AgriPOWER Class VII session 7: Conclusion to an amazing program

The highlight of session seven of AgriPOWER for me was getting to put our hands in the dirt and make a small difference in the Highland Youth Garden. I have always loved the idea of a community garden – the way it brings people together for a common goal, gets kids and families involved in where their food comes from and gives back to the people who need fresh food and may not have access to it otherwise. We were given the opportunity to give this garden a spring cleaning in two hours so the kids can jump in with both feet and start their growing season. The volunteer gardener, Bill, has a clear passion for both the kids and the garden, which makes it even more rewarding to give some of our time to them.

After getting somewhat cleaned up from the garden, it was time to get back to work, sharing our community projects and looking to the future of our farms and businesses with help from an AgriPOWER alum – Kent Jorgensen. He gave us all very useful information in regard to estate planning and the multitude of ways you can protect your farm and pass it to the next generation.

This session was packed with AgriPOWER alums we were given the chance to network with at dinner. And we spent the following morning with fellow alum Marlene Eick. Marlene was instrumental in setting us on the path to leadership success and helping guide us in the way to advance in any organization or business.

In all, session seven was a worthwhile conclusion to an amazing program. We have covered all aspects of government, learned about all types of agriculture and learned more about who we are and what we bring to the table. All of this was brought together in session seven and tied AgriPOWER up into a nice, neat bow ready for us to take to the next level and implement into our counties and Ohio Farm Bureau.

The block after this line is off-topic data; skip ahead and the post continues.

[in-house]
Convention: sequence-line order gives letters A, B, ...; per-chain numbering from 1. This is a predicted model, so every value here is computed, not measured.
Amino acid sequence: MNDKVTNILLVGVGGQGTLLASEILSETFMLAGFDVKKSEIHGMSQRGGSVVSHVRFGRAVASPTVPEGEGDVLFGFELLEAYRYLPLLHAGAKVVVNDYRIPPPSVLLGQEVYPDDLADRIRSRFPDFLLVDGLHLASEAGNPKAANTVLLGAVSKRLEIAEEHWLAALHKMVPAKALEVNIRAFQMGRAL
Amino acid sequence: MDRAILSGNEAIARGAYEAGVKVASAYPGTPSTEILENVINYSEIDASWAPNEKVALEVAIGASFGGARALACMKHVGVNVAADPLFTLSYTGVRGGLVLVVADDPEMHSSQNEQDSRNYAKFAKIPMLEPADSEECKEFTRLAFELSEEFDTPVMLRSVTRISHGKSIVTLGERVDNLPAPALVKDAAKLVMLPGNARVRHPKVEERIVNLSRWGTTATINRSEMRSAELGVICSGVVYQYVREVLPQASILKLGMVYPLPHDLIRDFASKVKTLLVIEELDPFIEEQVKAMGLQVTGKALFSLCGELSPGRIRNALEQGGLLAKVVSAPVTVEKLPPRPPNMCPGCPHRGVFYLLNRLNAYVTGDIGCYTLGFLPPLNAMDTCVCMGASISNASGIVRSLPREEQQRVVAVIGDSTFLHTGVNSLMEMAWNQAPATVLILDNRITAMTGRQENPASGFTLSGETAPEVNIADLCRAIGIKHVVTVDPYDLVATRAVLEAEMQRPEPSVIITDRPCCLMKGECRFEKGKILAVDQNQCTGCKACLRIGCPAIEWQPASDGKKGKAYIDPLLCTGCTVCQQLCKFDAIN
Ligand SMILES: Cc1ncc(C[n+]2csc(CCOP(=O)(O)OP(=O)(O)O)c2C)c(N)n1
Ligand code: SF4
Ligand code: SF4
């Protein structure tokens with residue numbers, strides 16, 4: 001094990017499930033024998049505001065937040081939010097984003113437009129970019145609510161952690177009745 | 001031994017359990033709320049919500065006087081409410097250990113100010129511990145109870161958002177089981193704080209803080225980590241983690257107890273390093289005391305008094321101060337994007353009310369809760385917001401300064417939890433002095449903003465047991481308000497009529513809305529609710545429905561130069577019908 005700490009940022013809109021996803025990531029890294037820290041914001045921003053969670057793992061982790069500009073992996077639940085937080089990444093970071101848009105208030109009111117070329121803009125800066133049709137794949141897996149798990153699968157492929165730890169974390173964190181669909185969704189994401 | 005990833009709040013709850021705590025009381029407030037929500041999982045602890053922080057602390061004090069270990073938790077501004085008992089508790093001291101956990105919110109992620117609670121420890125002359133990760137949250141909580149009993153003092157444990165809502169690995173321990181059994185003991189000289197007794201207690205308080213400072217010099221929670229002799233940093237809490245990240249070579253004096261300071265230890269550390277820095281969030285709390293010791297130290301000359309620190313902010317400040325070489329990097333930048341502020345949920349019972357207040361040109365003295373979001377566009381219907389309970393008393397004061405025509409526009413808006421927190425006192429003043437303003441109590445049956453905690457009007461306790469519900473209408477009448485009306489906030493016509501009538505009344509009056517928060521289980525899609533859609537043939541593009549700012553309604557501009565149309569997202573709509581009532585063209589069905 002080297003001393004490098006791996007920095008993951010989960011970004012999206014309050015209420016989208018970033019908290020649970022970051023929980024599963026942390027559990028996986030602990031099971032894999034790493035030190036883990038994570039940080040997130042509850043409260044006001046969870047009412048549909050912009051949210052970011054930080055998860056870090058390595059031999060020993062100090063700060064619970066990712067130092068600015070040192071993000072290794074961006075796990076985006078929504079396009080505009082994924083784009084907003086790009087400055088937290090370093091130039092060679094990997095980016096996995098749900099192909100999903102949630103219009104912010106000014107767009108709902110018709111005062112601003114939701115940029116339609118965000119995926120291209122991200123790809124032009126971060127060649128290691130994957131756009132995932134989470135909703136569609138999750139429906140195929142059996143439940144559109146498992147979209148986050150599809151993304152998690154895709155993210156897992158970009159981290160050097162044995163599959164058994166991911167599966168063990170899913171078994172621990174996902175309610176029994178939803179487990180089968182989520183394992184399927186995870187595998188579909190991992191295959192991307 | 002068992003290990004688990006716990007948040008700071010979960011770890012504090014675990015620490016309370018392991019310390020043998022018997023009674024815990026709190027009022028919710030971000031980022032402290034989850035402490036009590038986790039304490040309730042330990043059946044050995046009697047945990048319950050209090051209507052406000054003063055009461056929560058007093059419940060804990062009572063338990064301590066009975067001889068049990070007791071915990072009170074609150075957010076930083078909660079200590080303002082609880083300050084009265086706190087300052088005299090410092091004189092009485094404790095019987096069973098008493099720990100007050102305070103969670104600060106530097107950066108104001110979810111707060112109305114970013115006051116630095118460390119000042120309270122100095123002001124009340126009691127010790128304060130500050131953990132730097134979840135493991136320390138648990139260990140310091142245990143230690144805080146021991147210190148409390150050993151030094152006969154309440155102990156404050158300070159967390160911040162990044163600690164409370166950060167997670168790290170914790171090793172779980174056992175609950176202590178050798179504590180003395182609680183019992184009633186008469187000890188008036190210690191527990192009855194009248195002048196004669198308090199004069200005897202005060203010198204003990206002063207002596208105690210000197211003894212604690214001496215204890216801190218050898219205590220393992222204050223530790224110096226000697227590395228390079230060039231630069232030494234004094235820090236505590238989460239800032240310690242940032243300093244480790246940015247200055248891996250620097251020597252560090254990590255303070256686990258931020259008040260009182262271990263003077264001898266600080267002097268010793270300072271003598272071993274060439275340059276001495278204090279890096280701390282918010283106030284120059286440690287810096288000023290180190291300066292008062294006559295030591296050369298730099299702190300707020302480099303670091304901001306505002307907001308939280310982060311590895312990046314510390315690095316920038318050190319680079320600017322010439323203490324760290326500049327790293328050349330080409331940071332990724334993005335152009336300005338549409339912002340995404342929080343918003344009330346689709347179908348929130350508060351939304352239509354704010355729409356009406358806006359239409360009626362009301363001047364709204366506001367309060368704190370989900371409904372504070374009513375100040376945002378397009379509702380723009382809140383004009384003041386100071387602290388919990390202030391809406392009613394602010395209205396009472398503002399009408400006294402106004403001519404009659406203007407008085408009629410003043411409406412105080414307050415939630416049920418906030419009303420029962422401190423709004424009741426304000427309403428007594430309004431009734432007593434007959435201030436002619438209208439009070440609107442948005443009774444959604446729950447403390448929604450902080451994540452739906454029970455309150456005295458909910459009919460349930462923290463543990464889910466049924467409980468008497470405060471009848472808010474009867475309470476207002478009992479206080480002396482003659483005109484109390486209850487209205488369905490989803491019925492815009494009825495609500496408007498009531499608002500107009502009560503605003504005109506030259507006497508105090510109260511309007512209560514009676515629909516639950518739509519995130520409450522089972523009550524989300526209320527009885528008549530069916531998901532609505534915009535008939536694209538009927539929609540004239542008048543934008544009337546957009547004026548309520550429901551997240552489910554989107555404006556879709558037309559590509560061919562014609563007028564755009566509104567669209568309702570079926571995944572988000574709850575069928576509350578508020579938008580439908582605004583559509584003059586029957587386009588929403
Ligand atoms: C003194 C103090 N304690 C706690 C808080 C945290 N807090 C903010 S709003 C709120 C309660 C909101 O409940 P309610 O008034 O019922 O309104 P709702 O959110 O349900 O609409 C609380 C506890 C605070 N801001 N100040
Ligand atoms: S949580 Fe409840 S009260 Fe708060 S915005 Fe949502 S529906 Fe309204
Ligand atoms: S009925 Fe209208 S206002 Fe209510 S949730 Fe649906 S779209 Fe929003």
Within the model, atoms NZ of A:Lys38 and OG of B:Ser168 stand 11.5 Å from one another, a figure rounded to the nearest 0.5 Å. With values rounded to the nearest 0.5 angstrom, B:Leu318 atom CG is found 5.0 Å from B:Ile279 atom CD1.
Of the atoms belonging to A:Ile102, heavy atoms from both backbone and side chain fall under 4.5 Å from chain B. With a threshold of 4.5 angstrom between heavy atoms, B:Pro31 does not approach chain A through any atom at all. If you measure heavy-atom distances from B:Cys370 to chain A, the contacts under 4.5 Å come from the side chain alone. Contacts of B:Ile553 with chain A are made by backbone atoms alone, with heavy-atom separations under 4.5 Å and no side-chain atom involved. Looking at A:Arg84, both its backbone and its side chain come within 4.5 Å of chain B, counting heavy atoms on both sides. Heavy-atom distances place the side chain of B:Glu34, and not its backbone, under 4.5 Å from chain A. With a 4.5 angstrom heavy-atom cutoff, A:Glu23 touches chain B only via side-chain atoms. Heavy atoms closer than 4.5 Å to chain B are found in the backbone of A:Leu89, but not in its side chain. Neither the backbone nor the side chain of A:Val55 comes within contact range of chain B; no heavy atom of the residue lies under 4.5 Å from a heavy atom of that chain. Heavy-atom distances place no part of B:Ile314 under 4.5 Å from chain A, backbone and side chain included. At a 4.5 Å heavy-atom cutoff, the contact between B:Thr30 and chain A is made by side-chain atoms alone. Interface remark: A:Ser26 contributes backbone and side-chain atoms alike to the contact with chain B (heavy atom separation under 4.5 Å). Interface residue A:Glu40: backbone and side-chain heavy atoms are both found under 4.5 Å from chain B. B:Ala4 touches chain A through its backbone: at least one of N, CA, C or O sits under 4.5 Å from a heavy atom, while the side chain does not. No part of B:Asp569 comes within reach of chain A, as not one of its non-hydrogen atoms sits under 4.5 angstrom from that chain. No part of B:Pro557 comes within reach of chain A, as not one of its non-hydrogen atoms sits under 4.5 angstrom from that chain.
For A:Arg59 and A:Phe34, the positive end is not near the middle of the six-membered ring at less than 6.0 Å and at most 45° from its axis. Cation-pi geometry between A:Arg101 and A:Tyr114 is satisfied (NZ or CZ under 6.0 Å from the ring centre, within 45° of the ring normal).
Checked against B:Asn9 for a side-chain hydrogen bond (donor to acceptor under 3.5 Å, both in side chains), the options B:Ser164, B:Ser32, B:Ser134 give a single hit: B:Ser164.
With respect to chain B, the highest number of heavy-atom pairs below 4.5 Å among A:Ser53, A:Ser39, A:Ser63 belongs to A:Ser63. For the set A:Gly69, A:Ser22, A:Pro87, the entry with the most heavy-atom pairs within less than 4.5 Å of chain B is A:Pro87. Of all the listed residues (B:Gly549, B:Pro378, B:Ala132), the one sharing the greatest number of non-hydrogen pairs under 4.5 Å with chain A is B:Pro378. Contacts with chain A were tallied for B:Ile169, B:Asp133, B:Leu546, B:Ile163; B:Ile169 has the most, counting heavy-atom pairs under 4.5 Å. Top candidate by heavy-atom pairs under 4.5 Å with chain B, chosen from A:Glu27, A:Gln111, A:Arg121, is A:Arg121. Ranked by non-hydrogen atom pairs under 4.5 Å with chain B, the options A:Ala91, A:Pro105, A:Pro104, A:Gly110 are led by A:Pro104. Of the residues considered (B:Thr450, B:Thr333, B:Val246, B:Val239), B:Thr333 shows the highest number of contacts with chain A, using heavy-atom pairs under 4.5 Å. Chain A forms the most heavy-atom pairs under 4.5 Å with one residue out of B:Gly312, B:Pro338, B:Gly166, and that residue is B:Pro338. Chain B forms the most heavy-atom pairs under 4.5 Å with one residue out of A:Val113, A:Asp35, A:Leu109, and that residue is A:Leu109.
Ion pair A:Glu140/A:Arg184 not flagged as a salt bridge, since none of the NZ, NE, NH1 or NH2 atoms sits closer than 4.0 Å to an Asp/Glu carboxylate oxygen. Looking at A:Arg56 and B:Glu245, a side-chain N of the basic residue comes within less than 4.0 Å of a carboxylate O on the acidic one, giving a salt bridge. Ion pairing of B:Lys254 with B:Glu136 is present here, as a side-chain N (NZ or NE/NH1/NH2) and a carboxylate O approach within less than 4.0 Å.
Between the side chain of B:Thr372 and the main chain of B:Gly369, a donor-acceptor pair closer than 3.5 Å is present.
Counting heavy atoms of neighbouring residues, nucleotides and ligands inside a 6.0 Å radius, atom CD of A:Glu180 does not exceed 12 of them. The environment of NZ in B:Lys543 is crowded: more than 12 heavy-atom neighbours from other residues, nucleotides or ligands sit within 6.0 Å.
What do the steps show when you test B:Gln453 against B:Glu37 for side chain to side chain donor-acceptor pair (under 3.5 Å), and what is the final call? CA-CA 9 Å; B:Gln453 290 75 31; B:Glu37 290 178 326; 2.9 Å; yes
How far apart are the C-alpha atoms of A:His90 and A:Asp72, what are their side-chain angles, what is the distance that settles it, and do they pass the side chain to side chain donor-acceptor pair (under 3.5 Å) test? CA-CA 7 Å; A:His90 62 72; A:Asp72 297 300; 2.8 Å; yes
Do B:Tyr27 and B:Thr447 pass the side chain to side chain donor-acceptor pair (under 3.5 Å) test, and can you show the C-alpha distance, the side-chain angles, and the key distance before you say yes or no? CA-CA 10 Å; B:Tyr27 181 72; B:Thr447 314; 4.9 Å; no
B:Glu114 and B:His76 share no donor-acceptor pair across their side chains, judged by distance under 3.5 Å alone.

Apply for AgriPOWER Class VIII by April 15.

Read more from other AgriPOWER Class VII participant

Session 1 blogs

Vicky Shaw discussed her experience in the program’s first session learning about her strength and picking up public speaking tips.

Angela Shoemaker discussed her experience in the program’s first session and learning to step out of her comfort zone.

Session 2 blogs

Chris Kick blogged about interacting with the media and being an effective spokesperson.

Sara Campbell wrote about using storytelling in conversations with consumers and visiting Turner Farms.

Session 3 blogs

Josh Henderson blogged about truly having a voice in Washington.

Libby Bender shared her experience meeting with the authors of the EPA’s WOTUS rule and meeting with her congressman.

Heidi White wrote about learning more about trade at the New Zealand Embassy.

Session 4 blogs

Lara Staples wrote about learning what state government and the people who run it are really like.

Stephanie Leis blogged about the speakers from session 4 and their connection to agriculture.

Jenny Meyer discussed inspiration to share her story more.

Session 5 blogs

Jeff Adams blogged about learning more about tax law and CAUV.

Shelly Detwiler wrote about local government, school funding and oil and gas production.

Session 6 blogs

Matt Schlegel wrote about some of the  peanut and cotton harvesting equipment the class saw on their trip to South Carolina.

Steven Ruggles shared what he learned about vegetable farming in South Carolina and the similarities and difference between vegetable farming and grain farming.

Jami Willard of Columbus wrote about the whirlwind tour of South Carolina’s agriculture that Class VII experienced.

Session 7 blogs

Elaine Beekman of Wellington blogged about this final session not being the end of the learning from AgriPOWER.

Kayla Jones of Newark wrote about volunteering at Highland Youth Garden during the final session.

Mandy Way of Chillicothe blogged about her experience in AgriPOWER reviving her passion for agriculture.


Meet other Class VII graduates.


AgriPOWER is an elite training program designed to help participants become community leaders and advocates for agriculture.



Kayla Jones of Newark is one of 19 farmers and agribusiness professionals who graduated from Ohio Farm Bureau’s AgriPOWER Institute, Class VII. Jones is director of CAUV and ag district programs and deputy director of oil and gas taxation for the Licking County Auditor’s office. She is president of Licking County Farm Bureau, on the Ohio Farm Bureau Foundation board of directors, secretary of Utica FFA Alumni and has a small beef cattle and hay operation.

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